You knew that a couple of Florida State running backs were going to figure prominently into this list of the greatest Seminoles. But you probably forgot about the man who helped rush FSU onto the Mt. Rushmore of college football, and that’s why we’re here to remind you about the great Greg Allen.
All Allen did was something that neither Warrick Dunn nor Dalvin Cook can claim— he earned All-America honors in four-straight seasons as a Seminole RB. And that began in 1981, when Allen made his way to Tallahassee via Milton, a small town in Florida’s panhandle.
Allen wasted little time in cementing his status as a legend at FSU. In his true freshman season, he ripped LSU for 202 rushing yards in a win at Death Valley in his first start, midway through the ’81 season, which is still the 11th highest total for a Seminole RB. As if an encore were required, a week later, Allen shredded West Carolina for an astounding 322 yards on the ground, a total that remains the single-game record among ’Nole rushers. In addition, he returned a kickoff 95 yards for a score in that game, still tied for the 11th longest kick-return TD in program history.
His 417 all-purpose yards in that game remain the highest single-game RB total in FSU history. Allen would also hang 109 rushing yards on Miami that year, giving him three for the season, and his pair of games over 200 yards on the ground are tied with Cook for the most times it’s been done in a season. His 888 yards in ’81 still have him third in the Seminole record books for a frosh total, behind Cam Akers and Cook, and are 20th for a single season as a Seminole.
Fittingly, Allen was named a 1981 Football News freshman All-American and earned an AP All-American honorable mention. He was also a second-team All-South Independent selection.
Allen again captured that AP All-American honorable mention in 1982 and improved his All-South Independent status to that of a first-teamer— even though he was second on the team in rushing, to Ricky Williams. That season, he authored a couple of four TD games, against South Carolina and Louisville. Cook is the only other back in ’Nole history who can claim as much in a single season. What’s more, Allen’s 20 rushing scores in ’82 are still tops in FSU history. and he added another three 100-yard games that year, vs. UL, West Virginia, and Ohio State.
But 1983 was Allen’s real breakout year. I know— like he hadn’t done that plenty already. He again gashed LSU, this time for 201 yards, No. 12 on the FSU all-time single-game list, which headlined his five forays over the century mark in ’83. Allen hit rushing pay dirt 13 times, tied for eighth as the single-season Florida State total. He resumed his spot as the Seminoles’ rushing leader, with 1,134 yards, sixth in a lone campaign among ’Nole RBs.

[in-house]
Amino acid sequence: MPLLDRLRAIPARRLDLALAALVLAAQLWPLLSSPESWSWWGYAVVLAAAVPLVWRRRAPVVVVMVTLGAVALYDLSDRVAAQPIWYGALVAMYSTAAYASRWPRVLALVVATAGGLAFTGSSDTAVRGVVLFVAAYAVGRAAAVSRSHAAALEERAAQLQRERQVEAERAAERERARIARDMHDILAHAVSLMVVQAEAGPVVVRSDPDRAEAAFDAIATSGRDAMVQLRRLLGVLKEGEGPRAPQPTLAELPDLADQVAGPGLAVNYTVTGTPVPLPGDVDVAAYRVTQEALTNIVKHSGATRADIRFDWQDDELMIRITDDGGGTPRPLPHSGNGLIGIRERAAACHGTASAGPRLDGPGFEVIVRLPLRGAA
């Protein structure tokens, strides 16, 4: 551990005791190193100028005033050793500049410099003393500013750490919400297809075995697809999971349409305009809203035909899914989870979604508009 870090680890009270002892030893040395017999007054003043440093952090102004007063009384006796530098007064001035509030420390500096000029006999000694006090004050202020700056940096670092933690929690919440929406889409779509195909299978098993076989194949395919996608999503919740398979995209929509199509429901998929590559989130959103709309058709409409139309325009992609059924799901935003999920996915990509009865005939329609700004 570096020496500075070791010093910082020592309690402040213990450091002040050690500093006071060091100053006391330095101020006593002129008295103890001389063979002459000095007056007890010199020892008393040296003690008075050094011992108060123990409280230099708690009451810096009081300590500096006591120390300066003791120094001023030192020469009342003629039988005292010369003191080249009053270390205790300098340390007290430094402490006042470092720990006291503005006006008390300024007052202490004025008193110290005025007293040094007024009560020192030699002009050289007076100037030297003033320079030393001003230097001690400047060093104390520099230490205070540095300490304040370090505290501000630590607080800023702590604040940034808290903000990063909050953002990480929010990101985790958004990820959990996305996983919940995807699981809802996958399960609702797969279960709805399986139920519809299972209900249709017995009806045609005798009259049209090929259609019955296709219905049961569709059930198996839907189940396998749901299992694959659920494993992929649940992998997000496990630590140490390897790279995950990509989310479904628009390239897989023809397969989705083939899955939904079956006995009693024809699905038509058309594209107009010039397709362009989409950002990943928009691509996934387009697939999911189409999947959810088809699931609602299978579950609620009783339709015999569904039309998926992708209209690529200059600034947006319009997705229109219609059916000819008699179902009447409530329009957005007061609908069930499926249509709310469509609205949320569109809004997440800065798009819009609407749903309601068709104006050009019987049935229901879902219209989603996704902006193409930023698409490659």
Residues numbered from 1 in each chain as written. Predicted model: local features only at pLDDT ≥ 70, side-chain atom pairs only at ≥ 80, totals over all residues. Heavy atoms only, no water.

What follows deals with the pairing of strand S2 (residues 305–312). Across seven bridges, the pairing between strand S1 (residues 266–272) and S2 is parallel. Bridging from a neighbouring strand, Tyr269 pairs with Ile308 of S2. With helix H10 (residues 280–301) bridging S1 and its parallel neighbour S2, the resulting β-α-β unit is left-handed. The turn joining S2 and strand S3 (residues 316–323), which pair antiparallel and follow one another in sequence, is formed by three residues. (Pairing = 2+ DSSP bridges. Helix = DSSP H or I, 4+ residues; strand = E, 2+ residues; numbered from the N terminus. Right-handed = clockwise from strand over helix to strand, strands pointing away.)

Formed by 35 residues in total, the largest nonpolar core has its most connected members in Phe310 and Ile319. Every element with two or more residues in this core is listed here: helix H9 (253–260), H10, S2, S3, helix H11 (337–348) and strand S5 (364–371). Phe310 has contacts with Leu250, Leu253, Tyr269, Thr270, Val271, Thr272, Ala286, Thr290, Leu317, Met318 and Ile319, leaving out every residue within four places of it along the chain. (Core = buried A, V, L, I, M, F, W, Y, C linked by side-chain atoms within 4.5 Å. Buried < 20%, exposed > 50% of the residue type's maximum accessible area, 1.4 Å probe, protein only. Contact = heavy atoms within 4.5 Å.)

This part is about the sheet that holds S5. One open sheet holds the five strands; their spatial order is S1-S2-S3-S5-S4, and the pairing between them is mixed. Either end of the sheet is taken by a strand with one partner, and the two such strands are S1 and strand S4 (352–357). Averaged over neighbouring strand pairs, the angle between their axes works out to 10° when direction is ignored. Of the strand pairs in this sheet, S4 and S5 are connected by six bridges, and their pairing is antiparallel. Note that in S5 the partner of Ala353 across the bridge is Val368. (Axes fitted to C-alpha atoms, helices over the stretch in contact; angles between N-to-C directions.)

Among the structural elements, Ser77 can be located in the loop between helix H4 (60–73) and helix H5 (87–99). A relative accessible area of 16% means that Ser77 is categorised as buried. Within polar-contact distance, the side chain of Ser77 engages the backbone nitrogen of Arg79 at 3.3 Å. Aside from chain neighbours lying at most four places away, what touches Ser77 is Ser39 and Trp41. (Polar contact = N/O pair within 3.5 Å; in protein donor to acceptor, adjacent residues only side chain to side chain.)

That was enough to make Allen FSU’s first consensus All-American running back in 1983, after receiving first-team acknowledgment from Walter Camp and the UPI, second-team honors from Football News, and and a third-team nod from the AP. He also repeated as an All-South Independent first-team choice.
Allen capped his Seminole career in style in 1984, and the real gem came against Arizona State, when he rushed for 223 yards, still sixth in the Florida State record books. In that road game, which FSU won 52-44, Allen let loose with an 81-yard TD scamper, the longest of his career. He also averaged 10.1 yards per carry, tied with Cook for the most ever in one game at FSU, with a minimum of 20 attempts. His 971 yards on the ground led the ’Noles for the third time in his tenure as a Seminole, and are 15th on the all-time list at Florida State.
Accolades for Allen after the ’84 campaign include first-team Walter Camp and Football News All-America selections, a second-team UPI inclusion, and a third-team AP selection. And another first-team All-South Independent honor.
Despite all of the talent that followed Allen in FSU’s dynasty years, he is still third on the Seminoles’ all-time rushing list, behind just Cook and Dunn, with 3,769 yards. And he’s second in career rushing scores, as his 44 are eclipsed only by Cook’s 46. Allen’s 17 career 100-yard rushing games are also third in the Florida State record books, behind Cook and Dunn (22 apiece).
In the 1985 NFL Draft, the Cleveland Browns snagged Allen in the second round, and in 1990, he was inducted into the Florida State Hall of Fame. If defenders were as gassed going after Allen as I am after compiling his accomplishments, I honestly do feel for them. Okay, not really. Included below are some highlights of Allen.